Earth’s climate has varied dramatically over time. Places that were humid swamps 100 million years ago, during the age of the dinosaurs, were covered by glaciers 25,000 years ago, during the last ice age. Researchers have shown that many natural processes, like weathering of rocks and volcanic eruptions, add or remove greenhouse gasses like carbon dioxide (or CO2) from the atmosphere. Over thousands to millions of years, these processes alter the global climate. However, researchers don’t know how important each of these processes are in shaping the climate over long timescales.
Recently, scientists at the Chinese Academy of Sciences tested how weathering of the Tibetan Plateau influences global climate. The Tibetan Plateau, home to the tallest mountains in the world, is rapidly eroding as wind, rain, and glaciers eat away at the tall peaks of exposed rock.
Just like metal rusts when left outside, rocks break down when exposed to rain and air, through a process known as chemical weathering. Some types of chemical weathering add CO2 to the atmosphere, which causes the climate to warm. Other types of chemical weathering remove CO2 from the atmosphere, which causes it to cool.
Scientists have shown one chemical weathering process that removes CO2 from the atmosphere happens when CO2 naturally dissolves in rainwater, forming an acid called carbonic acid. Carbonic acid can dissolve certain types of minerals, including a class of minerals that contain silicon dioxide, known as silicates.
Silicates make up granite and many other rocks found in mountain ranges. When these minerals are dissolved by carbonic acid, the reaction removes CO2 from the atmosphere. Since rocks in mountains are made up of silicates and silicate weathering removes CO2 from the atmosphere, scientists have hypothesized that mountains help cool the climate.
However, researchers have also shown a different, less studied chemical weathering reaction can actually release CO2 into the atmosphere. This reaction occurs when oxygen in the air reacts with minerals containing sulfur, producing a different type of acid called sulfuric acid. Sulfuric acid dissolves a class of minerals found in limestone, known as carbonates. When carbonates dissolve they release CO2, which warms the climate.
The team of researchers from China specifically wanted to determine how important sulfuric acid chemical weathering is in the Tibetan Plateau. They collected water samples from streams, glaciers, springs, and rain at 44 different sites around the area.
When the sulfuric acid and carbonic acid chemical weathering reactions occur, they leave behind different dissolved elements in the water, like sulfur and chlorine, respectively. Researchers use the ratios of these elements in the waters like fingerprints that can be matched up to the specific reactions that formed them. By measuring the ratios of dissolved elements in the water samples, the scientists calculated how much CO2 each site had consumed or released by interacting with carbonic versus sulfuric acid. They compiled these results to estimate the total amount of CO2 consumed and released by the Tibetan Plateau.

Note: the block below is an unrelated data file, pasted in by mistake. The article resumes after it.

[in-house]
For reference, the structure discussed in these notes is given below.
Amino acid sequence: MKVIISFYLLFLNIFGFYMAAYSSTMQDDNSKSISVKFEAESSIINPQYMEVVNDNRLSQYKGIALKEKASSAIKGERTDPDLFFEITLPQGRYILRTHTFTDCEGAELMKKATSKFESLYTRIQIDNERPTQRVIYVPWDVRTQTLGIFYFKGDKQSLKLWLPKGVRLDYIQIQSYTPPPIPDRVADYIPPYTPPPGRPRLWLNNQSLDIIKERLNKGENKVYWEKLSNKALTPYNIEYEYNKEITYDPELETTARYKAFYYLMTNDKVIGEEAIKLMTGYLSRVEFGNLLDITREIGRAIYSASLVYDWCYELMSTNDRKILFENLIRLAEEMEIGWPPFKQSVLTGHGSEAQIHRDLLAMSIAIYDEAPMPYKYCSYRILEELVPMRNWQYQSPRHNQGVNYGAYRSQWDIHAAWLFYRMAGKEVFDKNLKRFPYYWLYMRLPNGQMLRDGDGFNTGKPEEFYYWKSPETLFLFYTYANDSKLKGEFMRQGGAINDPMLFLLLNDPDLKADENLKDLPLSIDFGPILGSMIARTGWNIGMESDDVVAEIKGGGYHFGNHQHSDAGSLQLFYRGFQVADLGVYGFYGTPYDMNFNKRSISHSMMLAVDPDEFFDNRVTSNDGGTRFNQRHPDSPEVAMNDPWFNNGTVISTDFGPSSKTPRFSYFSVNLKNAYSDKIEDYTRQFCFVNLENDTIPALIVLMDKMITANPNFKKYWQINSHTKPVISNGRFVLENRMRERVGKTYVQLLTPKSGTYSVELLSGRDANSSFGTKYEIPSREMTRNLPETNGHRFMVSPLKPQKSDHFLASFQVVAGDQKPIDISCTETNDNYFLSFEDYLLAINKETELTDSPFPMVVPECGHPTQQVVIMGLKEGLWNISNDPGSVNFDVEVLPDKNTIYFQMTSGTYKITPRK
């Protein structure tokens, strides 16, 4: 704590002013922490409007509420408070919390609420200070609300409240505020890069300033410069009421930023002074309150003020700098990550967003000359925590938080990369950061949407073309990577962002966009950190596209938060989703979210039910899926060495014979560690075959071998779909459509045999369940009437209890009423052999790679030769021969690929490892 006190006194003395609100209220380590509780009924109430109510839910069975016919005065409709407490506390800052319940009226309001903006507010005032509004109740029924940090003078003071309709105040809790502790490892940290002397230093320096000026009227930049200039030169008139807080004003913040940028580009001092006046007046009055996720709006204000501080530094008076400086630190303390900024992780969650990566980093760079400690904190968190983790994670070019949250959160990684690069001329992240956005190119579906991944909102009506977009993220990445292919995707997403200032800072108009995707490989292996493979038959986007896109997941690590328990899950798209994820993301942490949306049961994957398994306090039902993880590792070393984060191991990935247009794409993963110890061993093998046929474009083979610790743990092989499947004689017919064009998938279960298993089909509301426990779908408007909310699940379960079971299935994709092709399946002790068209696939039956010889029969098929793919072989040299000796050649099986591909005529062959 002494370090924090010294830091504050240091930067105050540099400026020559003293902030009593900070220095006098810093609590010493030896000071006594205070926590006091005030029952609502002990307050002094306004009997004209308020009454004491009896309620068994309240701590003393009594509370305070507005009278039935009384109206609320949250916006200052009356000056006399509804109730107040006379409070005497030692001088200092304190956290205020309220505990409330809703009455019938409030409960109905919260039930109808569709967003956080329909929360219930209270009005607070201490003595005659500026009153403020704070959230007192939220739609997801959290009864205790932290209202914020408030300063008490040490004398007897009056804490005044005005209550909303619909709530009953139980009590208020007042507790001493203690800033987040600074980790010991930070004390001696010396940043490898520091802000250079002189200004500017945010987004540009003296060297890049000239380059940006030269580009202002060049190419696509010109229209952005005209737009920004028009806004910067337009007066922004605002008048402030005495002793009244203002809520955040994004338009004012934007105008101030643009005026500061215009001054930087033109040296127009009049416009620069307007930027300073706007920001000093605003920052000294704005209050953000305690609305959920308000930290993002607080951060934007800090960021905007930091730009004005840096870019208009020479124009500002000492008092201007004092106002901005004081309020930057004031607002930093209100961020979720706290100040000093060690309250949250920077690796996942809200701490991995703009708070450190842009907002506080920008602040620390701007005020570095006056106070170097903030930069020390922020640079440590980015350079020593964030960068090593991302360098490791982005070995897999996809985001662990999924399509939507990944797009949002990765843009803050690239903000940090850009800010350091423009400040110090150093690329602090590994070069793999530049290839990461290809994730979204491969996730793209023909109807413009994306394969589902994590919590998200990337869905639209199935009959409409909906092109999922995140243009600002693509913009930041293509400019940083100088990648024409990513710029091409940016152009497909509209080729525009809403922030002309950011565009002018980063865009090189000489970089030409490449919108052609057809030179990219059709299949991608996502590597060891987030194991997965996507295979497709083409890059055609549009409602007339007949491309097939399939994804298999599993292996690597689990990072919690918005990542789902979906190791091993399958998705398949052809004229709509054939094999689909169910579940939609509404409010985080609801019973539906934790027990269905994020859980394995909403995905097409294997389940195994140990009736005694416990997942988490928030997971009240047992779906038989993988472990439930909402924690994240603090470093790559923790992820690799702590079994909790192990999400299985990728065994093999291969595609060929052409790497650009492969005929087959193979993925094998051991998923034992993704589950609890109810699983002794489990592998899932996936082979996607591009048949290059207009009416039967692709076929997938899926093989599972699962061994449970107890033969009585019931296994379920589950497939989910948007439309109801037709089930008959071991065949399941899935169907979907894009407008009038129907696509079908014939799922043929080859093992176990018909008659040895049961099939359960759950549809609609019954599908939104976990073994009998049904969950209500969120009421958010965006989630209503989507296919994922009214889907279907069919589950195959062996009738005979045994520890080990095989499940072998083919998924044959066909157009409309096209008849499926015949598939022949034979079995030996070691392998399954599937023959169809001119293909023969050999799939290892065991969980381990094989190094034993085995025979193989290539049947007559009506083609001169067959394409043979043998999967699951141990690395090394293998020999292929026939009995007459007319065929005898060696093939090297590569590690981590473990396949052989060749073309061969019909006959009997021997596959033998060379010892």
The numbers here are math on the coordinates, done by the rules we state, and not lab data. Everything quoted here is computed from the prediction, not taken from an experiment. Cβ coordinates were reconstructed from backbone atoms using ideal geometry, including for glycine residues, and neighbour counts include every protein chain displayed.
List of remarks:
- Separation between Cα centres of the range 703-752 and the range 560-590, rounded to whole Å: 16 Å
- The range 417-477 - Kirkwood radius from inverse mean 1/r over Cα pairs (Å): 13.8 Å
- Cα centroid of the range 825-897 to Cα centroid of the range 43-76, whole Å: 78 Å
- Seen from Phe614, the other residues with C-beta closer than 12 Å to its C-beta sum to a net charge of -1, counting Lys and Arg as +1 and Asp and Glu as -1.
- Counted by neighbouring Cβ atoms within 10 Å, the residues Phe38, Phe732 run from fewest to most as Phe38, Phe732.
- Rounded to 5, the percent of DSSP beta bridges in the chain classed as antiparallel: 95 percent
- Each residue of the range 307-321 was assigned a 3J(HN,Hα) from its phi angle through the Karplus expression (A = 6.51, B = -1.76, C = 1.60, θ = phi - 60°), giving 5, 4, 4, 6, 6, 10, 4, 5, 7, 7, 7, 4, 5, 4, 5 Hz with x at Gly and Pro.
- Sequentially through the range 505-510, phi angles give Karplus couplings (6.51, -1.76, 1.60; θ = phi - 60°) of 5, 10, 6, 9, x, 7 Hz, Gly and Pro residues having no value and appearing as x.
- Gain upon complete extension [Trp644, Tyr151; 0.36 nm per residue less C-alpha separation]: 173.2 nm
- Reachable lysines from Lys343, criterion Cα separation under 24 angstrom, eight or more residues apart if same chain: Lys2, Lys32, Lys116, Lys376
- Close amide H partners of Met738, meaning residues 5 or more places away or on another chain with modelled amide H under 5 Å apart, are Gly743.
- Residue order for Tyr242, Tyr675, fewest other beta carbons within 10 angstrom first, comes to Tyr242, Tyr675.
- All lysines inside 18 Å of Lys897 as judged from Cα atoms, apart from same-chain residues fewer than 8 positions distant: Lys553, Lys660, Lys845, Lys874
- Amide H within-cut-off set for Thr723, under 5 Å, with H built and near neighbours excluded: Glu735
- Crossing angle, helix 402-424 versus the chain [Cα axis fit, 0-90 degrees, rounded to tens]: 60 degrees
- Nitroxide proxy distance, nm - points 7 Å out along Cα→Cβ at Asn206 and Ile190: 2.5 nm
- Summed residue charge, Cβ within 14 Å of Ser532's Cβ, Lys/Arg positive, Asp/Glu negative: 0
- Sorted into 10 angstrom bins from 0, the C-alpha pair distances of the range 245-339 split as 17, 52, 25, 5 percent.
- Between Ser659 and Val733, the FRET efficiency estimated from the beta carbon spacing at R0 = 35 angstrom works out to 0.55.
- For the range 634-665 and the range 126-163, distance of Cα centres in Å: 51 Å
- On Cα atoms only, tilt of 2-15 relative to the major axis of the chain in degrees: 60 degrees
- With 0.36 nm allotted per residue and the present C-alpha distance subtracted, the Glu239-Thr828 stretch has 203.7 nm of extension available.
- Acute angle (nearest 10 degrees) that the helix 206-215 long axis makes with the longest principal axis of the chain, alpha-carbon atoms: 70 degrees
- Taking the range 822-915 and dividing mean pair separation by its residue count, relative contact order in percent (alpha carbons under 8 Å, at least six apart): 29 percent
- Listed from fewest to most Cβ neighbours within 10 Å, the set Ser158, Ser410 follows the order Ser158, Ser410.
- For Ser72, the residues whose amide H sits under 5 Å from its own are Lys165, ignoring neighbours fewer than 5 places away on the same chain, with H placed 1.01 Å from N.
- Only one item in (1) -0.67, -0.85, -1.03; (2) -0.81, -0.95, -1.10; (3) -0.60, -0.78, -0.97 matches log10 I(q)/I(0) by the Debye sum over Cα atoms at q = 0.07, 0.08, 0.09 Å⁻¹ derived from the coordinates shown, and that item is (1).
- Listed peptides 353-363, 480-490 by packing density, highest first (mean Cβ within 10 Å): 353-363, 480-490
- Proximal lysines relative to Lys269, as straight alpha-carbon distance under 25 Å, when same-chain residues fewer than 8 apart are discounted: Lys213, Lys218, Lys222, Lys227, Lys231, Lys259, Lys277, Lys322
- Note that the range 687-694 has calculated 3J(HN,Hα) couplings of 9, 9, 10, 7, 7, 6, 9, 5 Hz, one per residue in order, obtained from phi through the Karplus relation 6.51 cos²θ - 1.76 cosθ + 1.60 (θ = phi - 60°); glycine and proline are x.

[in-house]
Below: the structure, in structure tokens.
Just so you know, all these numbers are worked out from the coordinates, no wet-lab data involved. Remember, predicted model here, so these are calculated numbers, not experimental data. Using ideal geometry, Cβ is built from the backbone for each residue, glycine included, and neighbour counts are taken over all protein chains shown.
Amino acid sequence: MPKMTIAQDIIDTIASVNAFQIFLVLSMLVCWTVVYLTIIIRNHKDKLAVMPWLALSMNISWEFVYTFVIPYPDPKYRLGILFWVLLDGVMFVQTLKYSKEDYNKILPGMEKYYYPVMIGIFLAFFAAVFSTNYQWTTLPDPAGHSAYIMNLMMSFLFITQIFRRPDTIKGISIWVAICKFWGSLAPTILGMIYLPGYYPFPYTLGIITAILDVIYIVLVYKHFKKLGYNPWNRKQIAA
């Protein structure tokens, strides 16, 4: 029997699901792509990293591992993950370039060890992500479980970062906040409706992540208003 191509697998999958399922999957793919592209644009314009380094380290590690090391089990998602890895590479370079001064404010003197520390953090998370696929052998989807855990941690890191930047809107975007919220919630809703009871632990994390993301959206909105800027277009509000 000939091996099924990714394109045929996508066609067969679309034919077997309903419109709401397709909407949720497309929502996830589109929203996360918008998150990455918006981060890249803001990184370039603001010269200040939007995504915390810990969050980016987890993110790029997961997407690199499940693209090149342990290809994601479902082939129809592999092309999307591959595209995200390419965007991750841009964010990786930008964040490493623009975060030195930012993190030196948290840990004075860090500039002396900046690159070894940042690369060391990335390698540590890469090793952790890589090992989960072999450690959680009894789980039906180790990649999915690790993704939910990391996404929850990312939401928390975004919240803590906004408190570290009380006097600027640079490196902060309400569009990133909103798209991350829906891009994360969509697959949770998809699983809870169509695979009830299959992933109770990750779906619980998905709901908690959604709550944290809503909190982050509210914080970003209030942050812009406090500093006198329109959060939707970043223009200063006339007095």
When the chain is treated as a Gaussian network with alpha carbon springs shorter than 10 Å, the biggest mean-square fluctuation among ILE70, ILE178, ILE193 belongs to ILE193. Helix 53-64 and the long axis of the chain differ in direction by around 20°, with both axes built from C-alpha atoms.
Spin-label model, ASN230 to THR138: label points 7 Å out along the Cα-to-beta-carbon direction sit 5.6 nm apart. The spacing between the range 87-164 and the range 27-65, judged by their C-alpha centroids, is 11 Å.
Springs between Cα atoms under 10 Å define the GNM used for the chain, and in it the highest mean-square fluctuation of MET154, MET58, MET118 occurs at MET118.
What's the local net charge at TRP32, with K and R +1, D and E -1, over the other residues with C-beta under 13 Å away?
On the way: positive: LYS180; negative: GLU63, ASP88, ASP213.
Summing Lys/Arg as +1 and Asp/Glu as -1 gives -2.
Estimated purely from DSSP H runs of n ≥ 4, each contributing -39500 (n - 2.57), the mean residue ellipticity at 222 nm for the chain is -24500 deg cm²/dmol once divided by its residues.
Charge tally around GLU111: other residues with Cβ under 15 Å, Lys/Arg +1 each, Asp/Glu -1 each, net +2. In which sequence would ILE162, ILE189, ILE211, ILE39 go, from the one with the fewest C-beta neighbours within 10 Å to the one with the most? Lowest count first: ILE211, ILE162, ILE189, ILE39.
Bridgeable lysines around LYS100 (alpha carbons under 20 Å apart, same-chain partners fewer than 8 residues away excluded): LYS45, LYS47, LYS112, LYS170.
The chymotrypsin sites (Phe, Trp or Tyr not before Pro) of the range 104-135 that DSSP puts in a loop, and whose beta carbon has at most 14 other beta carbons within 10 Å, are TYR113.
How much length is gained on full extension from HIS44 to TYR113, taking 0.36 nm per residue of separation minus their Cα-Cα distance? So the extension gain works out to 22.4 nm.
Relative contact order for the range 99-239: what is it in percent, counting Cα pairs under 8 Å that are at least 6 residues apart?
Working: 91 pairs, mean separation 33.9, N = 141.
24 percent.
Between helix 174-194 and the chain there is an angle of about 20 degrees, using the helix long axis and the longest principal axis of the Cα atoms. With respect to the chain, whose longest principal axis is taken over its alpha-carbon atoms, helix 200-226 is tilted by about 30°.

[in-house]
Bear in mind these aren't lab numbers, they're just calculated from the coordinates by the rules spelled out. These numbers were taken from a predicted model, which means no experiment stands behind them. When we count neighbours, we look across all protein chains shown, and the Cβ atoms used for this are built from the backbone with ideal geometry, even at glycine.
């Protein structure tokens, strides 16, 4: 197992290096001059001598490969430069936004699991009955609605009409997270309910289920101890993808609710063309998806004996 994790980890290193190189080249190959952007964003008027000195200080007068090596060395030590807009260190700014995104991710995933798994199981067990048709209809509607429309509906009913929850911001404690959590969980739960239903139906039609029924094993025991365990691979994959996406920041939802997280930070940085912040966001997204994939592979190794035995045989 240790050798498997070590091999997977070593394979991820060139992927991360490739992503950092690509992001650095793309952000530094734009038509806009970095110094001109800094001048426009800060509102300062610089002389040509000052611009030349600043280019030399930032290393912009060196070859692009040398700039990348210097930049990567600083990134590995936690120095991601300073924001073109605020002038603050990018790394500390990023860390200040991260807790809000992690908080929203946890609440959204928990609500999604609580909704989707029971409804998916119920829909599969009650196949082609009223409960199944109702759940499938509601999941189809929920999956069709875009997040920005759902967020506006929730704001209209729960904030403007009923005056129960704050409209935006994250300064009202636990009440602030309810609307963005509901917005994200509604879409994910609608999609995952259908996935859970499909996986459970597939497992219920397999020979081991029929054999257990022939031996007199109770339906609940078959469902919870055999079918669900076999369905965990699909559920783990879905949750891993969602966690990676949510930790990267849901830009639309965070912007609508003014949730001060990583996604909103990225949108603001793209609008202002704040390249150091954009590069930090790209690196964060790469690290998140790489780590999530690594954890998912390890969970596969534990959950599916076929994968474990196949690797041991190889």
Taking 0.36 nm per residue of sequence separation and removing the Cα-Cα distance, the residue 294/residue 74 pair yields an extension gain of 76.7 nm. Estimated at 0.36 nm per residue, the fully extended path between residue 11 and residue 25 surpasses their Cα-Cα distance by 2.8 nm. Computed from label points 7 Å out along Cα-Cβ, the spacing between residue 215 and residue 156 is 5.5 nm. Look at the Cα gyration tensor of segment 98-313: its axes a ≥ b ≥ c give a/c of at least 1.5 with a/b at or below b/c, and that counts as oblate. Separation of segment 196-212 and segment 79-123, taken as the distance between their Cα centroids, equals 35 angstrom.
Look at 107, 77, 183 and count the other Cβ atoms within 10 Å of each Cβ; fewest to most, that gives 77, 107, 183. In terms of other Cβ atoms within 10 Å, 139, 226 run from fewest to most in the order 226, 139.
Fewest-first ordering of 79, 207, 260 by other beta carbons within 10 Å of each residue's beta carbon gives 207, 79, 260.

The researchers found more than 80% of the CO2 consumed by the Tibetan Plateau during carbonic acid weathering was canceled out by CO2 released back to the atmosphere during sulfuric acid weathering. They suggested this meant the chemical weathering occurring at the Tibetan Plateau is much less effective at removing CO2 from the atmosphere than previous researchers thought.
They also discovered sites containing glaciers produce approximately 5 times more sulfuric acid than sites without glaciers. They explained glaciers are particularly good at grinding up rocks and exposing them to the air, where minerals containing sulfur can react to produce this acid. The scientists hypothesized that because sites with glaciers produce more sulfuric acid, regions around the world with glaciers release more CO2 through chemical weathering than regions without glaciers.
The researchers found the type of rock present at each site also influenced the amount of CO2 consumed and released. Sites containing lots of rocks with carbonate minerals, like limestone, released approximately 3 times more CO2 than sites containing lots of rocks with silicate minerals, like granite.
The researchers demonstrated that chemical weathering processes in the Tibetan Plateau release almost as much CO2 as they consume, but how does this stack up on the global scale? The authors estimated that 4% of all CO2 removed from the atmosphere by mountains worldwide is canceled out by sulfuric acid weathering in the Tibetan Plateau alone. They concluded sulfuric acid weathering in mountains influences long-term global climate change more than previous researchers realized.